Tucked among the tall trees of Jaldapara National Park, in the Himalayan foothills of India’s West Bengal state, Kodalbasti village is home to about 265 families. The corrugated rooftops of their homes dot the green landscape, slender betel palm trees swaying above. Despite the peaceful scenery, an environment of suspicion runs through the village. Outsiders who pass through are met with wary stares, surreptitiously followed, and even questioned about the purpose of their visits.
This small community is one of 12 villages within the boundaries of the 216.5 square km park. Another 48 lie on its periphery, bringing the area’s human population to more than 100,000. These people, who belong to forest-dwelling tribal communities including the Rava and Bodo, share Jaldapara’s sal forests, grassy floodplains and bamboo breaks with around 200 greater one-horned rhinos (Rhinoceros unicornis).
Two arrests occurred in Kodalbasti village after the February 5 poaching of a rhino in the park’s Kodalbasti Range, about three km to the east. This brush with the law explains the villagers’ wary attitude toward outside visitors, said Goben Rava, a village resident and member of the local Joint Forest Management Committee, which works with the forest department to protect and manage the park. “Who knows? Under the garb of inquiring about forests and rhinos, they may be actually here to collect information for poaching and we gullible villagers land into trouble later,” Goben said.
One of the men arrested, Rupesh Rava, 30, was said to run a small shop selling basic goods. The other, Rajib Rava, 28, was a fisherman and day labourer. “Both of them were naive and unsuspecting, with no shady track record till then,” Goben said. “It is hard to imagine how and when the two got dragged into the plan.”
Sulaiman Mia, a Joint Forest Management Committee member from Dhoidhoighat village, voiced similar concerns. “Our native villagers would not kill a rhino on their own, as they are not aware of the complex networking and outlets involved in the trade,” he said. “Such plans are thus masterminded by poachers from the northeastern states, who lure the poor locals with quick and easy money.”
Eight people were arrested in connection with the February 5 incident, in which a rhino was shot at point-blank range. “Unlike the previous cases, it was a very quiet affair. There was no sound of firing. And for the first time, we recovered a silencer-fitted rifle,” said Bimal Debnath, assistant divisional forest officer at Jaldapara, whose team was able to make the arrests within just 36 hours.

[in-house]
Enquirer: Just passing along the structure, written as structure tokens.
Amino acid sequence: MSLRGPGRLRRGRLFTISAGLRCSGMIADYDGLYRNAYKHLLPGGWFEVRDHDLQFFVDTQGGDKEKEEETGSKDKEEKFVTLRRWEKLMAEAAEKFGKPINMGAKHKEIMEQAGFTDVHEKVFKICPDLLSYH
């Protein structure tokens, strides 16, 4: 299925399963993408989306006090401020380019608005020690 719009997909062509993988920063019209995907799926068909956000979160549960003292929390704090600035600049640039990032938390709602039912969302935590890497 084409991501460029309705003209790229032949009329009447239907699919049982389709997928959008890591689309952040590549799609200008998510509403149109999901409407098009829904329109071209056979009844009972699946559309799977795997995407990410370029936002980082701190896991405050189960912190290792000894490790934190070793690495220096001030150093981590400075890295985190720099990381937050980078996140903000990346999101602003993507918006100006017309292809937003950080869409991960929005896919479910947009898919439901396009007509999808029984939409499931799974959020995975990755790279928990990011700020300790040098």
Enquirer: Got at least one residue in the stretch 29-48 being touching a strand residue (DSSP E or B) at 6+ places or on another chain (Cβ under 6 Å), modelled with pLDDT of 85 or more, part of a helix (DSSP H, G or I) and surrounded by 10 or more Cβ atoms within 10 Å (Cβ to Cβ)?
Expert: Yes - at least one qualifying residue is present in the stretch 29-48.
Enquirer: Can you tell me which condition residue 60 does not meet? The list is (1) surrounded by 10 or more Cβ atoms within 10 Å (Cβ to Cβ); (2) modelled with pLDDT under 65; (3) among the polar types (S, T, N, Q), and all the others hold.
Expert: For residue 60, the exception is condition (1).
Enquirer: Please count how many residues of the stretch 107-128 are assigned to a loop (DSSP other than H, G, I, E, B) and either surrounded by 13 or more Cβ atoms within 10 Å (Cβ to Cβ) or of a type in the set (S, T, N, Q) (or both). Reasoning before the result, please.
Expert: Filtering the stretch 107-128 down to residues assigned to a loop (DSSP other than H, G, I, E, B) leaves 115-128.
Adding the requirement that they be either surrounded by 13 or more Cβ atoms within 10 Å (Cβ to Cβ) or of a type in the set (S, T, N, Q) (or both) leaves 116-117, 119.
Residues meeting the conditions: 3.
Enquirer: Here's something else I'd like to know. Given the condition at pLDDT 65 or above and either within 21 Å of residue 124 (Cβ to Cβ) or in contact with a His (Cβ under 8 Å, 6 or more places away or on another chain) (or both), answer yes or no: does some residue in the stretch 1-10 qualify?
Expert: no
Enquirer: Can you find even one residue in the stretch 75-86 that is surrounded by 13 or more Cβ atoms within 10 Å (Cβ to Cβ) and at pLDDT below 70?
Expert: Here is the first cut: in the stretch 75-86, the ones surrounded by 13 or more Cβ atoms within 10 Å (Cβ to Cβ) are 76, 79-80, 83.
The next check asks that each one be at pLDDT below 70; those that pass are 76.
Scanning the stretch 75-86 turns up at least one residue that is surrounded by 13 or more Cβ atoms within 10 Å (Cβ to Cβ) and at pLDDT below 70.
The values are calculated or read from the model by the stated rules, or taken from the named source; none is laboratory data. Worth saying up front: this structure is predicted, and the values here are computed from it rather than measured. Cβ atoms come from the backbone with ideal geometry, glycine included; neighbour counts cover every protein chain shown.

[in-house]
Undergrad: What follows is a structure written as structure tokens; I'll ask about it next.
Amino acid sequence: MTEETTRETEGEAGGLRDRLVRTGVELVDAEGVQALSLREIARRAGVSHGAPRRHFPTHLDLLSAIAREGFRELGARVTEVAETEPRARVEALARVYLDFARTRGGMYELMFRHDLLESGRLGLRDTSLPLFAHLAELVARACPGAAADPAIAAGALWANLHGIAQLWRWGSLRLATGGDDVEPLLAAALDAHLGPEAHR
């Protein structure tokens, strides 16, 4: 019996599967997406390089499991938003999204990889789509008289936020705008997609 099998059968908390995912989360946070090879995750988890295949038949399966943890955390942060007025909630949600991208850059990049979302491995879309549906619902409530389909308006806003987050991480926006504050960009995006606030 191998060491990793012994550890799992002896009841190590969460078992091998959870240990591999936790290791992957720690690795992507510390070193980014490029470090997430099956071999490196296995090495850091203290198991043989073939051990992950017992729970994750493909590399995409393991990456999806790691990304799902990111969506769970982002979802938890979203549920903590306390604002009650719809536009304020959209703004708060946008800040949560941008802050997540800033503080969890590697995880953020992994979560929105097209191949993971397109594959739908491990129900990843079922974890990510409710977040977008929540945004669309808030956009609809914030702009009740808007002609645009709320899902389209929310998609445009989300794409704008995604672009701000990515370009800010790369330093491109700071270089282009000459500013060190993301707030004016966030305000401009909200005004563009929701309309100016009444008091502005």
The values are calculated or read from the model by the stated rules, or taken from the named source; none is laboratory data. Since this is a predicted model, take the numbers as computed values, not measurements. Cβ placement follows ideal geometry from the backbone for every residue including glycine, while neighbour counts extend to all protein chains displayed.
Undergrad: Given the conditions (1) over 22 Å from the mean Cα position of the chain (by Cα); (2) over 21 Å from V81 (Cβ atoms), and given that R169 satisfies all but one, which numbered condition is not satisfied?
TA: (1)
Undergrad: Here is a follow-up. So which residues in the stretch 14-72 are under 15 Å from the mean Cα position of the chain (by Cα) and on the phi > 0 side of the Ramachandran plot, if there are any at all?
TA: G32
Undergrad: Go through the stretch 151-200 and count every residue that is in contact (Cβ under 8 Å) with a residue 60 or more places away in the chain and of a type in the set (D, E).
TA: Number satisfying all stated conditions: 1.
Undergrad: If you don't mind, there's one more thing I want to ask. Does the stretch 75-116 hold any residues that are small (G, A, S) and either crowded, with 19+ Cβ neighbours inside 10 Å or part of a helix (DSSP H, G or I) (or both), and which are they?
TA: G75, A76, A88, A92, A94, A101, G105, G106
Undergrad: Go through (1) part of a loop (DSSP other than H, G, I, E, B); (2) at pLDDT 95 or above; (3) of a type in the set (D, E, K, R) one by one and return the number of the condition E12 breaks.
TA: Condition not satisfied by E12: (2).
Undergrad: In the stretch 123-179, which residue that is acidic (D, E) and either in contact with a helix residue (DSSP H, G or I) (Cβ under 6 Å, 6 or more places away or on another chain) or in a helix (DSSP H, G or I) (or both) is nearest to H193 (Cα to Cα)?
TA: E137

Conspicuous among those arrested was an alleged sharpshooter from Arunachal Pradesh state, some 900 km from Jaldapara. His alleged accomplices did not have as far to travel, but were perhaps more unlikely. One, Sevoke Kami, was a karate teacher at a school at Bannerhat, about 60 km from the park. Another was Bimal Karzee, from a well-off family in Salkumar Munshipara village, on the fringe of Jaldapara.
“He was even involved in conservation initiatives with the forest department and would deliver good speeches before the villagers on the importance of rhino and forest protection,” said Niten Chandra Modak, a Joint Forest Management Committee member from Salkumarhat village. “Hence, when Bimal Karzee’s name emerged in the case, it was impossible to believe it is the same person.” Disbelief was so strong that nine people of the same name were picked up before the Bimal Karzee in question was arrested.
How poaching is carried out
Away from the watchful eyes of the village, three self-confessed former poachers agreed to discuss with Mongabay how rhino-poaching gangs are formed and operate. Although Mongabay was not able to verify the details of their stories, two expert investigators confirmed that the accounts were consistent with what was known about wildlife trafficking in the region.
“The whole act is sponsored by organised traders, from Arunachal Pradesh, Manipur or Nagaland, who hire one or two shooters to kill the rhino,” said reformed poacher Kanai (name changed). The traders make contact with local villagers via a “linkman” or “introducer,” a trusted contact who is charged with finding a local contact to organise the mission. The small Indian town of Jaigaon, on the country’s porous border with Bhutan, about 22 km from Jaldapara, is a particularly flourishing ground for such “introducers,” Kanai said.
Two or three villagers are used as field men, carrying supplies and guiding shooters through the forest, Kanai continued. Another three or four serve as lookouts. After the shooter kills the rhino, it is one of the local field men who removes the horn and other body parts and takes them out of the forest with the shooter. They boil the horn in water to get rid of the attached nasal tissues, then one of the locals accompanies the shooter to collect payment from the trader.
The payment, which is issued according to weight, is then shared out among the team members. But, Kanai said, traders often short-change the villagers, promising to pay in full after future kills.
Halku (name changed), an elderly man, said he has killed at least seven rhinos in his life. During his youth, he said, rhino killing was not illegal. Rhino horns were legally sold in Assam state as recently as 1980.